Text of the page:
Content DescriptionReturn to Top

The interview was conducted with Magnhild Johnsen on November 15, 1982 in Shelton, Washington. This interview contains information on family history, personal and family involvement in WWII, childhood, school, family home, church, Christmas in Norway, emigration, reasons for emigrating, voyage to America, work in the U.S., marriage, WWII in Norway, Russian prisoners of war in Norway, return to America, return trips to Norway, changes in Norway, and Norwegian heritage. The interview also includes Magnhild Johnsen's certificate as a "Life Member" of the Sons of Norway (January 25, 1982) and photographs of Magnhild as a child with her siblings and mother, Magnhild and her uncle (1929), Magnhild in Eureka, CA (April 26, 1952), Magnhild at her childhood home (October 1974), and Magnhild at the time of the interview. The interview was conducted in English.

Use of the CollectionReturn to Top

Restrictions on Use

There are no restrictions on use.

Administrative InformationReturn to Top


Detailed Description of the CollectionReturn to Top

The partial interview transcription highlights important aspects of the interview. Numbers may be used as guides to important subjects. Two numbers separated by a slash indicate that the first number is for cassette and the second for CD.

Container(s) Description
Cassette/CD
Cassette
209, side 1 005:
Magnhild Johnsen. Born Magnhild Torsvik in Kristiansand, Vest-Agder, Norway on April 26, 1908. Torsvik was the family farm and a centuries old name (from Tor, the god). She only knew one other family up north in Andenes that had the same name.
209, side 1 046: PARENTS
Her father was Adolf Andreas Torsvik (this is not in agreement with the family background sheet), and her mother was Hanne Kristine T›nseth who was born in Arendal, Norway. Her father was the manager of the biggest lumberyard in Kristiansand, which had its headquarters in Setesdalen. Her mother was a teacher, grades 1-7. She was one of the first female professors in Norway, graduating from the University of Oslo. To be a professor she would have had to live in Oslo. But since she was married and living in Kristiansand, she became a teacher. Three of her friends, Anna Setle (?), Anna Vogt, and Anna Wexelson (?), also received university degrees, and they did continue with their careers. Her mother worked throughout her life; the paternal grandfather lived with them and was the "nursemaid" - and "you couldn't get a better one".
209, side 1 114: BROTHERS AND SISTERS
There were four children: Hjørdis, Harald, Bergljøt, and Magnhild. Hjørdis (Søvik) worked in a telegraph office. Her brother Harald was a lawyer in Ålesund; he was executed by the Germans during the war. His wife Elsie and two sons, Arne and Harald, are living. Arne is a doctor in Bergen, and Harald works for the government in Oslo.
209, side 1 :
Bergljøt is the black mark in the family. She was a teacher married to Ove Sœther, a lieutenant in the military before the war who became one of Quisling's right-hand men. He was jailed for 14 years after the war before being released. Both are still living and in Oslo. The whole family has cut Bergljøt off. Magnhild thinks she feels bad about her, but not Ove - "he's just as much a Nazi now as ever".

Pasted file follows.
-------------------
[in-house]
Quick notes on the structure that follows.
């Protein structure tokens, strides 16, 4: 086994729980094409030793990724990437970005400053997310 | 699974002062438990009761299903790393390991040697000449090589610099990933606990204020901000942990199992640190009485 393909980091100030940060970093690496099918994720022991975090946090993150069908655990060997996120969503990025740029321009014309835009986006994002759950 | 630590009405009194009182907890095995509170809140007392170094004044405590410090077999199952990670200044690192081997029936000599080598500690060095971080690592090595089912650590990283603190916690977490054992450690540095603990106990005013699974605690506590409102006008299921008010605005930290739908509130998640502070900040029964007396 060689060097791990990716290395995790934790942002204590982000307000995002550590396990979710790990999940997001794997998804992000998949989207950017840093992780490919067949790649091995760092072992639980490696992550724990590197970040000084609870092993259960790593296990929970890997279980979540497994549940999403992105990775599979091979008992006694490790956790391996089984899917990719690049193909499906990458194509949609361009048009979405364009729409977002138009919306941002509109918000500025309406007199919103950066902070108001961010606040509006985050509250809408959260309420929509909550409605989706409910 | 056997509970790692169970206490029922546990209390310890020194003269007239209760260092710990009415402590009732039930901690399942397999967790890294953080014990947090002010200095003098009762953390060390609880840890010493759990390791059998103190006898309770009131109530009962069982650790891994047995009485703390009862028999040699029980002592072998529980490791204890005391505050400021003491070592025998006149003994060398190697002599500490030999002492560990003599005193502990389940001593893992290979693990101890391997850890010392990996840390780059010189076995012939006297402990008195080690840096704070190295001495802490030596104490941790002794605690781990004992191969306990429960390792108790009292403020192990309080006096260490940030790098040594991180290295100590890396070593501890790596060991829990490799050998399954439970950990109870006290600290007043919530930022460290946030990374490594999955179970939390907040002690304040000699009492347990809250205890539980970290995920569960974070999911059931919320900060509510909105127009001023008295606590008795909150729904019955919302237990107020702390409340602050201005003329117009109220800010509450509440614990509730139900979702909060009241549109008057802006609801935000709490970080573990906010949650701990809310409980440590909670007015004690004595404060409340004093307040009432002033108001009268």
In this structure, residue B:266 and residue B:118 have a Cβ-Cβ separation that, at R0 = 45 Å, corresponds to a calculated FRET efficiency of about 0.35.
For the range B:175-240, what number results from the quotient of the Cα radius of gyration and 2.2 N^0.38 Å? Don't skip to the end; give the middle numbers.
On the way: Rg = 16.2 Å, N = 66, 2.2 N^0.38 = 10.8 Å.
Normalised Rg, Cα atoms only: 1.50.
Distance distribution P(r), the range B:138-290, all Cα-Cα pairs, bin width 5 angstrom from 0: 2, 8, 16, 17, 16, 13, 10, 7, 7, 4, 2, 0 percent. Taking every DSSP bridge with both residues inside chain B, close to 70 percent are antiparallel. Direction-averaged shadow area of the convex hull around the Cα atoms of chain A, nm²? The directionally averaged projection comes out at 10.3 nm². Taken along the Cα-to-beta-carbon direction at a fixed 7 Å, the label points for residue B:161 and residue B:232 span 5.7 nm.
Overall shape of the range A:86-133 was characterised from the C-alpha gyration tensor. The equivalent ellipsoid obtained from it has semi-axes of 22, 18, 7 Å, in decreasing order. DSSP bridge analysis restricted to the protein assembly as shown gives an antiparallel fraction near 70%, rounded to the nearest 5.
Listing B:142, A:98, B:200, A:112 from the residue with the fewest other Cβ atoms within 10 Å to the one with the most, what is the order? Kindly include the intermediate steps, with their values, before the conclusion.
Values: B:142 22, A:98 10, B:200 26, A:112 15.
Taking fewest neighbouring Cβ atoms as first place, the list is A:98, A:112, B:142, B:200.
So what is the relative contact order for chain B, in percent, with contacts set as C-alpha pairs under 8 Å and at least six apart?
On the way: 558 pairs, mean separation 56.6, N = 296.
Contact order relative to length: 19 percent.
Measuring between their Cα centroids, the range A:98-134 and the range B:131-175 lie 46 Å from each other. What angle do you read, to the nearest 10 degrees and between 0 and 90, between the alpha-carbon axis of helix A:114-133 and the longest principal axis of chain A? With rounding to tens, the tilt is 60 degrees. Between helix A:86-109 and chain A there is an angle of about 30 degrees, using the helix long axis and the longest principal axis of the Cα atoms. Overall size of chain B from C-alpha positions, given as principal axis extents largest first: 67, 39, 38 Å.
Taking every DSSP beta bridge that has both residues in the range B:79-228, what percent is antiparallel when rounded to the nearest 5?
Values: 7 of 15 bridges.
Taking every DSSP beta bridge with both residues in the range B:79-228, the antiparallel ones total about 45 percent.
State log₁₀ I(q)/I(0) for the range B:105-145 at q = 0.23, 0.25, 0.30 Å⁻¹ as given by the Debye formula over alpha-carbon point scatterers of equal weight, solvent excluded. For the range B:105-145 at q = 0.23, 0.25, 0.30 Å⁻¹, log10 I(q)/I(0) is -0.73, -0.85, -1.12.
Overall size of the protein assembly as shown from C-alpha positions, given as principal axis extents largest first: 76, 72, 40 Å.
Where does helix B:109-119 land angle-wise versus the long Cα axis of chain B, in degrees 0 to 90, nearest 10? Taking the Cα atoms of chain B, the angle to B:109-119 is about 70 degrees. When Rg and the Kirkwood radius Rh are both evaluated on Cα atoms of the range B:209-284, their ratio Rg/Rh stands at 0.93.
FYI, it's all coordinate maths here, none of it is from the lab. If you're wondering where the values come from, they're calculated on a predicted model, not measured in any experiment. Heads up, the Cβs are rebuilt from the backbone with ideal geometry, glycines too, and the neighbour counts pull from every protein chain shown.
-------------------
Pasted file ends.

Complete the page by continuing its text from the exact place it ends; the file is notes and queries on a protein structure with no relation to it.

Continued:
180:
Magnhild was the fourth child. All the children were active in the underground during the war except Bergljøt.
209, side 1 210: BERGLJØT
She had met Ove at a teachers' seminary in Oslo. They were married and thoroughly believed in Hitler and Quisling. Magnhild doesn't know why, just that they did. When her brother Harald was sentenced to death, they did try to intercede by having him imprisoned in Germany; that would have given him a chance at life.
209, side 1 249: HARALD
Ålesund is a fishing town. Harald owned shares in two boats which he placed at the disposal of the underground right away. He helped many people flee to England. Harald himself had a chance to leave; but he knew that two others who would be caught and executed were innocent, so he stayed. He was caught and executed in 1941; the family is very proud of his action, but very sad. His wife Elsie also worked in the underground. She lives in Ålesund and is very well-known and liked. Elsie was born in the US of Norwegian parents, but the family returned to Norway (around Bergen) when she was 15-16 years old.
209, side 1 : GRANDPARENTS
Her paternal grandfather was her "nursemaid": Georg Andersen Torsvik. His wife was Margrete Dorothea. Both came from southern Norway; grandfather was born in Torsvik. He bought a farm called Osenden and was a farmer until Margrete died (before Magnhild was born). Then he moved in with the Torsvik family.
209, side 1 280:
The maternal grandparents were Hanne Gumbertha and Gerhard Tønseth (Tynsett in the old days). Gerhard was born in Røros; he died in 1937. Hanne was born in Arendal. He was the head of the telegraph system in southern Norway, and she was a "grand lady" - had 12 children.
209, side 1 311: HOME
Father had a farm outside of, but close to Torsvik; he was the manager of the "feltspat" (feldspar) mine. Mother was teaching. When Magnhild was four, the war broke out and the family moved into Kristiansand. Her mom continued to teach and her father became the manager of the lumberyard. Magnhild remembers both the farm and town homes as she's returned to visit so many times. The farm was a beautiful place surrounded by neighbors who were also cousins.